Last year, Colorado Governor John Hickenlooper called together a task force to come to a compromise allowing greater local control on gas and oil drilling in more populated areas. Their initial purpose was to head off ballot measures as well as community bans on drilling, handing over two of its key recommendations to the Colorado Oil and Gas Conservation Commission (COGCC) to craft detailed rules. New state rules giving local governments a greater say on oil and gas activity near populated areas were supposed to pave the way to a middle ground on the divisive issue. However, after months of effort, there is still no resolution to the issue of when local regulations will apply.
According to the COGCC, a large-scale oil and gas operation is defined as one with 90,000 feet of wellbore length or with storage for production, not including waste water, of 4,000 barrels. Tripping either threshold allows local governments a say on the placement of well pads and provides residents nearby with more rigorous protections regarding emissions, noise, and fire control. As currently drafted, however, this is only applicable within urban mitigation areas, which are defined as areas where gas and oil operations are within 1,000 feet of a large facility like a hospital or school or more than 22 homes.
A task force member who has drafted the local-control recommendation apologized for any confusion he may have inadvertently caused, saying that his intent was to create thresholds at half the level proposed and for the safeguards to apply outside of urban areas if residences are close enough to be at risk.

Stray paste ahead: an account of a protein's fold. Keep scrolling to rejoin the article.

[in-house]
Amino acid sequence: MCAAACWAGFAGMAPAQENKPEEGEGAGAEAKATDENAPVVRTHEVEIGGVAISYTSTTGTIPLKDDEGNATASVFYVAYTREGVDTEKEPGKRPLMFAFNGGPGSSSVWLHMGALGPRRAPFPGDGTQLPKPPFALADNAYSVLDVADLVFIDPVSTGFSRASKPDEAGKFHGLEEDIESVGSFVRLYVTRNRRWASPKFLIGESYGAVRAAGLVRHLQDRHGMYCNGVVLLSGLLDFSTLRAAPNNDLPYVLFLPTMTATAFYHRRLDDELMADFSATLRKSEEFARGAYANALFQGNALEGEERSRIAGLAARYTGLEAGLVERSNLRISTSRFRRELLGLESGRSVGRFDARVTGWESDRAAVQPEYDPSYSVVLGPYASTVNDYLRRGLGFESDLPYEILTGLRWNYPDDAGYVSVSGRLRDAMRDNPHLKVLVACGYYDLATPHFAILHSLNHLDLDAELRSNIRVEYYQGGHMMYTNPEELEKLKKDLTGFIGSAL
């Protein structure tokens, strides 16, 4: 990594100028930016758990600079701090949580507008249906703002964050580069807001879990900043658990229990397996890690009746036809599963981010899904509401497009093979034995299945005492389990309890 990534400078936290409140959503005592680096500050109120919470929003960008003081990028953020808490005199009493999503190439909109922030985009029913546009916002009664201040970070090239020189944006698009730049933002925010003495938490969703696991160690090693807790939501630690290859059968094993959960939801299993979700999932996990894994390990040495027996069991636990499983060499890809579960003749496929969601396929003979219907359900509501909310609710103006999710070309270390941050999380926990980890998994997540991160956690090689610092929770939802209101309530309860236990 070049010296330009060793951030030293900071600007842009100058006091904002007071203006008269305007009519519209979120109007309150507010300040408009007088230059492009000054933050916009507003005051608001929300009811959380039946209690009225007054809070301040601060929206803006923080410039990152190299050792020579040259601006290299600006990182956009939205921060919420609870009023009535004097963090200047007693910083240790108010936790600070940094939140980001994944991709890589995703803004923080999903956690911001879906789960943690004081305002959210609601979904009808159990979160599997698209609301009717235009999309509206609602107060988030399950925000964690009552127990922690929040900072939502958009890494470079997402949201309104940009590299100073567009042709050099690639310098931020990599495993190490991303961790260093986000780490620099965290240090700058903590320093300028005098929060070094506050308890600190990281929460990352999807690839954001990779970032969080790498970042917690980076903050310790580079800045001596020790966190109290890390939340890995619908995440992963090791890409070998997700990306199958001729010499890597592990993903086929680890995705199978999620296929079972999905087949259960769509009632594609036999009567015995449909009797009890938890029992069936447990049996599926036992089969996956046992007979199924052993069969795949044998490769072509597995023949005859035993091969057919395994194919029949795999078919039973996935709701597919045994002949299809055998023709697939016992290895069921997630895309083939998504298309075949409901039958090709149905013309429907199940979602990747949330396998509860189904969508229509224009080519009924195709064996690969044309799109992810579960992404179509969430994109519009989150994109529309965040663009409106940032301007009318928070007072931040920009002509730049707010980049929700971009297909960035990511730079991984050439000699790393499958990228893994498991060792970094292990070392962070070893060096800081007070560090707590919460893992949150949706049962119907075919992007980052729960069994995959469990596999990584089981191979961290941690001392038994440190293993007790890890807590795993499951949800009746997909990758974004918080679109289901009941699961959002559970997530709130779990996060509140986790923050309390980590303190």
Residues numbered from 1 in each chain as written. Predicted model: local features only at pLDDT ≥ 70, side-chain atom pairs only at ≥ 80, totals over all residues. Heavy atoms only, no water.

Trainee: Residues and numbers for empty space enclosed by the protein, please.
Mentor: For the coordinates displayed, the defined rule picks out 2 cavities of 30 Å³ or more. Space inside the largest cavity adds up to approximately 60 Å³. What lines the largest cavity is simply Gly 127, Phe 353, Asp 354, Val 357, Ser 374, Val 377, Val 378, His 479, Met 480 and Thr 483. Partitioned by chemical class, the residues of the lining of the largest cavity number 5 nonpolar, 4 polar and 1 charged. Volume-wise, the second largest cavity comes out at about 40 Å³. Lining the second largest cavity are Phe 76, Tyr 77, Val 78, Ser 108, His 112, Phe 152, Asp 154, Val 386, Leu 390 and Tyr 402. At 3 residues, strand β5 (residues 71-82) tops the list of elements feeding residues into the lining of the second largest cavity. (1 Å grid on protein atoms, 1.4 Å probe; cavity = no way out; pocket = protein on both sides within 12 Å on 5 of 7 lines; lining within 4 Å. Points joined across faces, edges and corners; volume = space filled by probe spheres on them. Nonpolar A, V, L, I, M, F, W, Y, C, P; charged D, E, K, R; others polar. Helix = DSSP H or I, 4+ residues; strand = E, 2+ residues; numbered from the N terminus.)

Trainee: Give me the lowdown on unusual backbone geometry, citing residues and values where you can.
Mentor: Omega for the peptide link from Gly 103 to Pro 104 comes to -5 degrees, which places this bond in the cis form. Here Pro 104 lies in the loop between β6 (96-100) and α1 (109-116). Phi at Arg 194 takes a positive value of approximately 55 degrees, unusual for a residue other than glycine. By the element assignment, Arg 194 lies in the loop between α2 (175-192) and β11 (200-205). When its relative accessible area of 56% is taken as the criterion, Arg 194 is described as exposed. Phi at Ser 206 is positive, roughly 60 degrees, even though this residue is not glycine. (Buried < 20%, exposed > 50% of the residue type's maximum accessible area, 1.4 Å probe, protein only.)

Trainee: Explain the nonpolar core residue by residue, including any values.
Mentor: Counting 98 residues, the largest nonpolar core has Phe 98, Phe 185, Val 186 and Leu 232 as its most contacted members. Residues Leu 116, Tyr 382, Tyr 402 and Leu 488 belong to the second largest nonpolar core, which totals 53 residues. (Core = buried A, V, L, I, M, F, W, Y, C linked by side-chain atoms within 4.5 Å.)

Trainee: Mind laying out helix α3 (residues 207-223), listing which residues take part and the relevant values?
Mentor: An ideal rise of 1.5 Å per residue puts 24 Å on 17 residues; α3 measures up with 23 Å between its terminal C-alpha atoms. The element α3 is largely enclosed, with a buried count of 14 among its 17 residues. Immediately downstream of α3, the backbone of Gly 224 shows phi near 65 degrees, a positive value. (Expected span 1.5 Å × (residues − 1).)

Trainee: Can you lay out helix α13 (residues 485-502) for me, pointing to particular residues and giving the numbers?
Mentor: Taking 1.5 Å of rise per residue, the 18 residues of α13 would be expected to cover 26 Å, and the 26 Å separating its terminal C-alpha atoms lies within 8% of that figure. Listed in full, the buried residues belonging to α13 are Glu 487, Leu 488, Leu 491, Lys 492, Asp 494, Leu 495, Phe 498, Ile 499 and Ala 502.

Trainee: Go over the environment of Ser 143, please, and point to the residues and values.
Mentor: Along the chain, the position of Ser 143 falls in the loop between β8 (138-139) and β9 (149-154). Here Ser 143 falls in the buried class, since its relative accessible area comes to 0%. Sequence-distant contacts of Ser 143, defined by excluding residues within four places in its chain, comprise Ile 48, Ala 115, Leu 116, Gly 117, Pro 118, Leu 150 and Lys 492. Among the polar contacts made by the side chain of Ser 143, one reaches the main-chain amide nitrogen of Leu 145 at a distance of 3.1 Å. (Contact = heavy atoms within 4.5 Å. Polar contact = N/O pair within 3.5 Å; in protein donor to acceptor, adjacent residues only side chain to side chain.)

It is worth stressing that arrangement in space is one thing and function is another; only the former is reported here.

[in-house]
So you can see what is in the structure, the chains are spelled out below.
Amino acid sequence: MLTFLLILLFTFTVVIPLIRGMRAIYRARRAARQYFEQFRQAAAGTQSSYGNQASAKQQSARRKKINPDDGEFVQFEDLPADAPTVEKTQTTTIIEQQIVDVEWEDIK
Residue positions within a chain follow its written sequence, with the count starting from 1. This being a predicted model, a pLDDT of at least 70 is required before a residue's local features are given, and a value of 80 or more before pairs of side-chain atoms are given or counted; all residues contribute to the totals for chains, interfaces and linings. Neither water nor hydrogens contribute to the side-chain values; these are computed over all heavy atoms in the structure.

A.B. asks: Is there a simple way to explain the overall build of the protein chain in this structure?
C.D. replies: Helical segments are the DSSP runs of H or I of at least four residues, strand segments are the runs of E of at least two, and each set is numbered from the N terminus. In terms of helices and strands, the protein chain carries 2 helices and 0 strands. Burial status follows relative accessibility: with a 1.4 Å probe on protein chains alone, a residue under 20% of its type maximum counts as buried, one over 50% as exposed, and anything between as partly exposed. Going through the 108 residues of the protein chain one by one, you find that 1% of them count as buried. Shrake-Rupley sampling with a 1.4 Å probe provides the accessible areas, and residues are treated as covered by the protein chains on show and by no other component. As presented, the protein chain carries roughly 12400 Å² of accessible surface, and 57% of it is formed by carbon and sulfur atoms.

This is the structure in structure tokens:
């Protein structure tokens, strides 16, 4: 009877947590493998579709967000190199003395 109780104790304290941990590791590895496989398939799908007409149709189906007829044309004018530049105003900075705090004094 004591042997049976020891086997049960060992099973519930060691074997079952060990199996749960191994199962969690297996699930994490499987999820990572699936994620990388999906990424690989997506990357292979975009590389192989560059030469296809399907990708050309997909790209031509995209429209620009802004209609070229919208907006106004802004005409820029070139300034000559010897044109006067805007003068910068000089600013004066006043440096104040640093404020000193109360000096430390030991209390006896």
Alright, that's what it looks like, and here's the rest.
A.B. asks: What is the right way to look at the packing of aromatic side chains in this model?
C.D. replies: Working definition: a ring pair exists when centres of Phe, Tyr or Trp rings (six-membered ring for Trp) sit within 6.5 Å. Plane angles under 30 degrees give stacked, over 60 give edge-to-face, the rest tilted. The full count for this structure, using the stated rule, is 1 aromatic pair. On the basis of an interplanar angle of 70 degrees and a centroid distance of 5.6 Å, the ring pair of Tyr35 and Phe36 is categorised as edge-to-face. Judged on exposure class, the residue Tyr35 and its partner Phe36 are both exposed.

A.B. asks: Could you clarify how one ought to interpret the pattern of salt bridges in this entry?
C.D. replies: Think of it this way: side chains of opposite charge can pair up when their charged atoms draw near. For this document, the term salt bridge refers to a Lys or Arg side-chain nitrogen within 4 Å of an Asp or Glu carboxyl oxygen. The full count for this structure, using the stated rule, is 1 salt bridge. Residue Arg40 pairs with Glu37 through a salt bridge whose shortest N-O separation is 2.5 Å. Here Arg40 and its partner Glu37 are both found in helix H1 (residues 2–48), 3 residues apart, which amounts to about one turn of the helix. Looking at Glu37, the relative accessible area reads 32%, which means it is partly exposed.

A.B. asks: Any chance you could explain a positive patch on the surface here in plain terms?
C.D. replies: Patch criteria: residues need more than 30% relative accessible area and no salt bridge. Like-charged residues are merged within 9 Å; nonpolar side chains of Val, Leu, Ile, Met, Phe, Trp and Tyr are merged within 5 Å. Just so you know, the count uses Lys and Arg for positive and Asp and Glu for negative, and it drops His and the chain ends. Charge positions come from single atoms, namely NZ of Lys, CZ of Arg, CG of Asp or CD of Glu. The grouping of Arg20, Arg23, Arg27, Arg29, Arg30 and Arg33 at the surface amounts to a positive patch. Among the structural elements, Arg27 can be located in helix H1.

The director of the COGCC remarked that 4,000 in storage is only roughly
half the space needed in the absence of a pipeline when drilling 90,000 feet.
The Colorado Farm Bureau and the Colorado Association of Home Builders requested that the COGCC to allow landowners a say when local governments and operators discussed the siting of oil and gas facilities. Some Colorado counties have also argued that they should be given the same power that towns and cities receive when new rules are put into place.
Frustrated with the proposed rules, one environmental group requested that the commissioners to drop their rule-making entirely. Lauren Swain, of 350 Colorado, said "We request that the rules be withdrawn and tabled, to avoid further harm to local democracy, public health and safety, and to the climate.” Her group, which is primarily focused on global warming, aims at pushing legislation that would disband the COGCC, replacing it with two new agencies that would protect public health and safety from existing oil and gas activity and promote the transition to alternative energy resources.